Thursday, November 6, 2014

Maplecroft Review

Maplecroft: The Borden Dispatches, by Cherie Priest

Book Description:

"Lizzie Borden took an axe and gave her mother forty whacks; and when she saw what she had done, she gave her father forty-one....
The people of Fall River, Massachusetts, fear me. Perhaps rightfully so. I remain a suspect in the brutal deaths of my father and his second wife despite the verdict of innocence at my trial. With our inheritance, my sister, Emma, and I have taken up residence in Maplecroft, a mansion near the sea and far from gossip and scrutiny.

But it is not far enough from the affliction that possessed my parents. Their characters, their very souls, were consumed from within by something that left malevolent entities in their place. It originates from the ocean’s depths, plaguing the populace with tides of nightmares and madness.

This evil cannot hide from me. No matter what guise it assumes, I will be waiting for it. With an axe.

Angie's review:

This is exactly what it sounds like: Lizzie Borden meets Lovecraft.

But if you think that sounds campy or silly, you would be dead wrong.

The book follows not only Lizzie, but her sister, Emma, Lizzie's lover, Nance, and a Doctor Seabury, Professor Zollicoffer and an Inspector Wolf as each of them try to make sense of the insanity that has become the town of Fall River.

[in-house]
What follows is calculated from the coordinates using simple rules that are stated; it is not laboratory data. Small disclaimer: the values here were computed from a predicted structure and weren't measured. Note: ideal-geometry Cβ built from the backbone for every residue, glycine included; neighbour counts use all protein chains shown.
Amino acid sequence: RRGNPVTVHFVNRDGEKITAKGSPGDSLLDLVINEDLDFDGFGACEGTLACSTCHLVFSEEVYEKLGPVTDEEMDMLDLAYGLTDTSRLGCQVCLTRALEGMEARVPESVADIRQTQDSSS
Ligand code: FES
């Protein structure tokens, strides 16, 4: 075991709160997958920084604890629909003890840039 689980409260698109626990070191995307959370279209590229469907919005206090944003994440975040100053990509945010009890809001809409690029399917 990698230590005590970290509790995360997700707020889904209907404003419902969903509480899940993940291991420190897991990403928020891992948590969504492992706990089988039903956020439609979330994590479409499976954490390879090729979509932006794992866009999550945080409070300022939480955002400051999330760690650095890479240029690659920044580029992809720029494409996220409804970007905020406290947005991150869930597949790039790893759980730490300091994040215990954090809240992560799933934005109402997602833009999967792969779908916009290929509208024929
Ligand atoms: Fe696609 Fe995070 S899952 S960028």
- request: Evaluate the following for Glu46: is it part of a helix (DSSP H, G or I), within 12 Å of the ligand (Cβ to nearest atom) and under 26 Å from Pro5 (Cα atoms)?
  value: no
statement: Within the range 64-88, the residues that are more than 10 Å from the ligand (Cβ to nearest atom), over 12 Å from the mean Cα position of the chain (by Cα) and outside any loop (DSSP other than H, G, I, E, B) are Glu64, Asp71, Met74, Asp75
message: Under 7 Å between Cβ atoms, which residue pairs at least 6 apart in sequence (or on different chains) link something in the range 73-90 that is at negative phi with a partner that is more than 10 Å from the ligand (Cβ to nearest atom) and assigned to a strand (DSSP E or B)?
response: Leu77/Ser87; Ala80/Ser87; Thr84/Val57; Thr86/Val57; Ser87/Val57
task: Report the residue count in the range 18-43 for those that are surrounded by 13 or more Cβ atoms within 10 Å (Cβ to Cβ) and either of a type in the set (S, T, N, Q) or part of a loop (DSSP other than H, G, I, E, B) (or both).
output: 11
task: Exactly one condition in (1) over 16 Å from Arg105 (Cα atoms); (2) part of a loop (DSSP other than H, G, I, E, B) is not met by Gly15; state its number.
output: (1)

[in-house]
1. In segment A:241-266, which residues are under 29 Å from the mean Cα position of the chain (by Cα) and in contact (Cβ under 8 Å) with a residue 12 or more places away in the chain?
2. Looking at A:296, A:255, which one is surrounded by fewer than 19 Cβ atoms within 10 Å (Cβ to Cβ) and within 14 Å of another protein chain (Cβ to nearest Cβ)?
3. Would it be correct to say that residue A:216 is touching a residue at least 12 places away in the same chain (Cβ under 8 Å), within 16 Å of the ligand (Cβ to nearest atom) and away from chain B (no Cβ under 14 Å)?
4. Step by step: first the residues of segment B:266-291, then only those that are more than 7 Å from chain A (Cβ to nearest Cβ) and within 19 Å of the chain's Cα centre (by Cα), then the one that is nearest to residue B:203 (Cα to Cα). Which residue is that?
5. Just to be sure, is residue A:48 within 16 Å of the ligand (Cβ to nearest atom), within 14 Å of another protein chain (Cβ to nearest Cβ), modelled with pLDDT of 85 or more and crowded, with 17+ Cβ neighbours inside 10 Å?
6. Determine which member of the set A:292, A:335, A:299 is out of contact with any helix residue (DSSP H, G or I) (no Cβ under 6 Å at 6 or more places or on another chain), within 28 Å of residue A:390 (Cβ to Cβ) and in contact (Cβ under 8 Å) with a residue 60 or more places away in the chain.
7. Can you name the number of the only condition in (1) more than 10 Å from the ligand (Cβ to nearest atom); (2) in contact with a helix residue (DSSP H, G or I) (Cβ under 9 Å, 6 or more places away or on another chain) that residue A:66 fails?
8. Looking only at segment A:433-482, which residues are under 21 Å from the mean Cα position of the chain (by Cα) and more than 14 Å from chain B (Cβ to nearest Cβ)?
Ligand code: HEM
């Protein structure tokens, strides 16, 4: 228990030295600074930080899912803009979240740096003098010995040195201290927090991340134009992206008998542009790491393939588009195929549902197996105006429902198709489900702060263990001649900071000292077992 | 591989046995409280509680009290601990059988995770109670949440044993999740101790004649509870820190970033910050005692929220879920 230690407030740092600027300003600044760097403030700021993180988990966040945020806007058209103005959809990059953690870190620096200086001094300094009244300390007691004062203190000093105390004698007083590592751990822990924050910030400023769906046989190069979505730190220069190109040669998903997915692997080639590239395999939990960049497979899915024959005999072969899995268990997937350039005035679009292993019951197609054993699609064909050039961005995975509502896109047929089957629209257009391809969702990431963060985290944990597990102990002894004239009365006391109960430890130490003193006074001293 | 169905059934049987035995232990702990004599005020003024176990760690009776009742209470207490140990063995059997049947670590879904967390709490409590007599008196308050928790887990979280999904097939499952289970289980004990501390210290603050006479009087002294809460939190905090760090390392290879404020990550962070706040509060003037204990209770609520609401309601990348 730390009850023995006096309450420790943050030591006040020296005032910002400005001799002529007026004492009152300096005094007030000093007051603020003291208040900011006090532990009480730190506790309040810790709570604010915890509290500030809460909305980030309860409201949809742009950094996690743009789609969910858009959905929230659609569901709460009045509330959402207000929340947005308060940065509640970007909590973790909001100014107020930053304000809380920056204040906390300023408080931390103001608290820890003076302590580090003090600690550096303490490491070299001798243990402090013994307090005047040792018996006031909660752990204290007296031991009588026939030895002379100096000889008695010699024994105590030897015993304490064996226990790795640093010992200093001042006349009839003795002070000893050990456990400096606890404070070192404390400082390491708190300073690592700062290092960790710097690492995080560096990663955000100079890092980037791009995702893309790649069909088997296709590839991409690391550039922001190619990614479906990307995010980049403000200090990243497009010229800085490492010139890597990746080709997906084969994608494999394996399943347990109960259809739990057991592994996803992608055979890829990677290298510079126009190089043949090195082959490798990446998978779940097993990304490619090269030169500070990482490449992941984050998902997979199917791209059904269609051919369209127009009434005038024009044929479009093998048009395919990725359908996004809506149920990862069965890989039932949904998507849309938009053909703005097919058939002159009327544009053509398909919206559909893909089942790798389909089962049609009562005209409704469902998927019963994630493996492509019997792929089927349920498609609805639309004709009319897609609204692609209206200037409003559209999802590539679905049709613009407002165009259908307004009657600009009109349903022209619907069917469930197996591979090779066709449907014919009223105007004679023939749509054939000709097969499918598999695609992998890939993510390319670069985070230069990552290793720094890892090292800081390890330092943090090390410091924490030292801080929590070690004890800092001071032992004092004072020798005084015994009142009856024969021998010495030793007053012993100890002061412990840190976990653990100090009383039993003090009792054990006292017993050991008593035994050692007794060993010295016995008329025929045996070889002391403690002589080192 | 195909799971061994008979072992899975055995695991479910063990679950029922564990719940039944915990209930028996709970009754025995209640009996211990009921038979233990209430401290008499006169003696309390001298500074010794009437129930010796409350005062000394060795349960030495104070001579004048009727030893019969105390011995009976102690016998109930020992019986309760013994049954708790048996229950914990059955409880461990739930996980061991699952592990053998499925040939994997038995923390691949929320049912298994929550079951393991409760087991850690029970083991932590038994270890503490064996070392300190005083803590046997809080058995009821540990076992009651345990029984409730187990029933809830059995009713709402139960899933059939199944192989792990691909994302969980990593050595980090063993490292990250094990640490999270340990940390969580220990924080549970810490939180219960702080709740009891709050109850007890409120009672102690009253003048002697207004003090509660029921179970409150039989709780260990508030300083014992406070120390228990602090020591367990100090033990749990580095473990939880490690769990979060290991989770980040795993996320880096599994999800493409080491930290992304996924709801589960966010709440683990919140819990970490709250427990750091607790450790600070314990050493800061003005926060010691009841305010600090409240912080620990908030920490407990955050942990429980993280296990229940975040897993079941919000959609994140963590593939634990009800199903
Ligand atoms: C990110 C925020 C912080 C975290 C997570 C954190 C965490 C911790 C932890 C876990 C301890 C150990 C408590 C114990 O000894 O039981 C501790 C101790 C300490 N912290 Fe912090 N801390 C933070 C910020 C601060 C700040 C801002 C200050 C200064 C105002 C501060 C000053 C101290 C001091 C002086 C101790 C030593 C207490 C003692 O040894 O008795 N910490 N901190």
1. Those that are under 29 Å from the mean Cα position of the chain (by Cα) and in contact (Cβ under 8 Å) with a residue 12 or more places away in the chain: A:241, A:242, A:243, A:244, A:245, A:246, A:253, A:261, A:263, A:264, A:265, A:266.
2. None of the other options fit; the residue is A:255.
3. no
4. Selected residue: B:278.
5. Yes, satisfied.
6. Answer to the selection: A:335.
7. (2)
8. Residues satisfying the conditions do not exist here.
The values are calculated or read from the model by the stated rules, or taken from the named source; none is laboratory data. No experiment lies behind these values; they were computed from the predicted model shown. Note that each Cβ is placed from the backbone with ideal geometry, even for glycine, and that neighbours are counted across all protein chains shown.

Lizzie and Emma were first to experience it, when their parents were inexplicably turned into monsters. Lizzie did what had to be done, but how can you make anyone believe the truth? She stood trial and was found innocent, but for years, she has been tried and found guilty in the court of public opinion, leaving her and her invalid sister virtual pariahs on the edges of town.

But that is just as well, because it allows the sisters to focus on their new calling- understanding and destroying this foe. Only with great reluctance will they allow anyone else into their circle. But events are escalating, and the two women are going to have to let others in, because there is an evil coming for them that even they had never imagined.

Maplecroft pulled me in immediately. It feels so Lovecraftian, and yet, it is not just a re-hashing of his ideas. It pulls from his themes, and as you follow the characters in their own discoveries, the sense of horror builds and builds. It has such a familiar feel- the blending of science and myth, the ancient evil waiting to be re-awakened... this is stuff I know and love. And yet, this is also something entirely new and refreshing. 

I am excited to learn that there is a second book in the Borden Dispatches, due out next year. Priest says it will be called Chapelwood, and will be set 30 years after the events of Maplecroft. 
Yea! I will be looking for that.

Maplecroft on:

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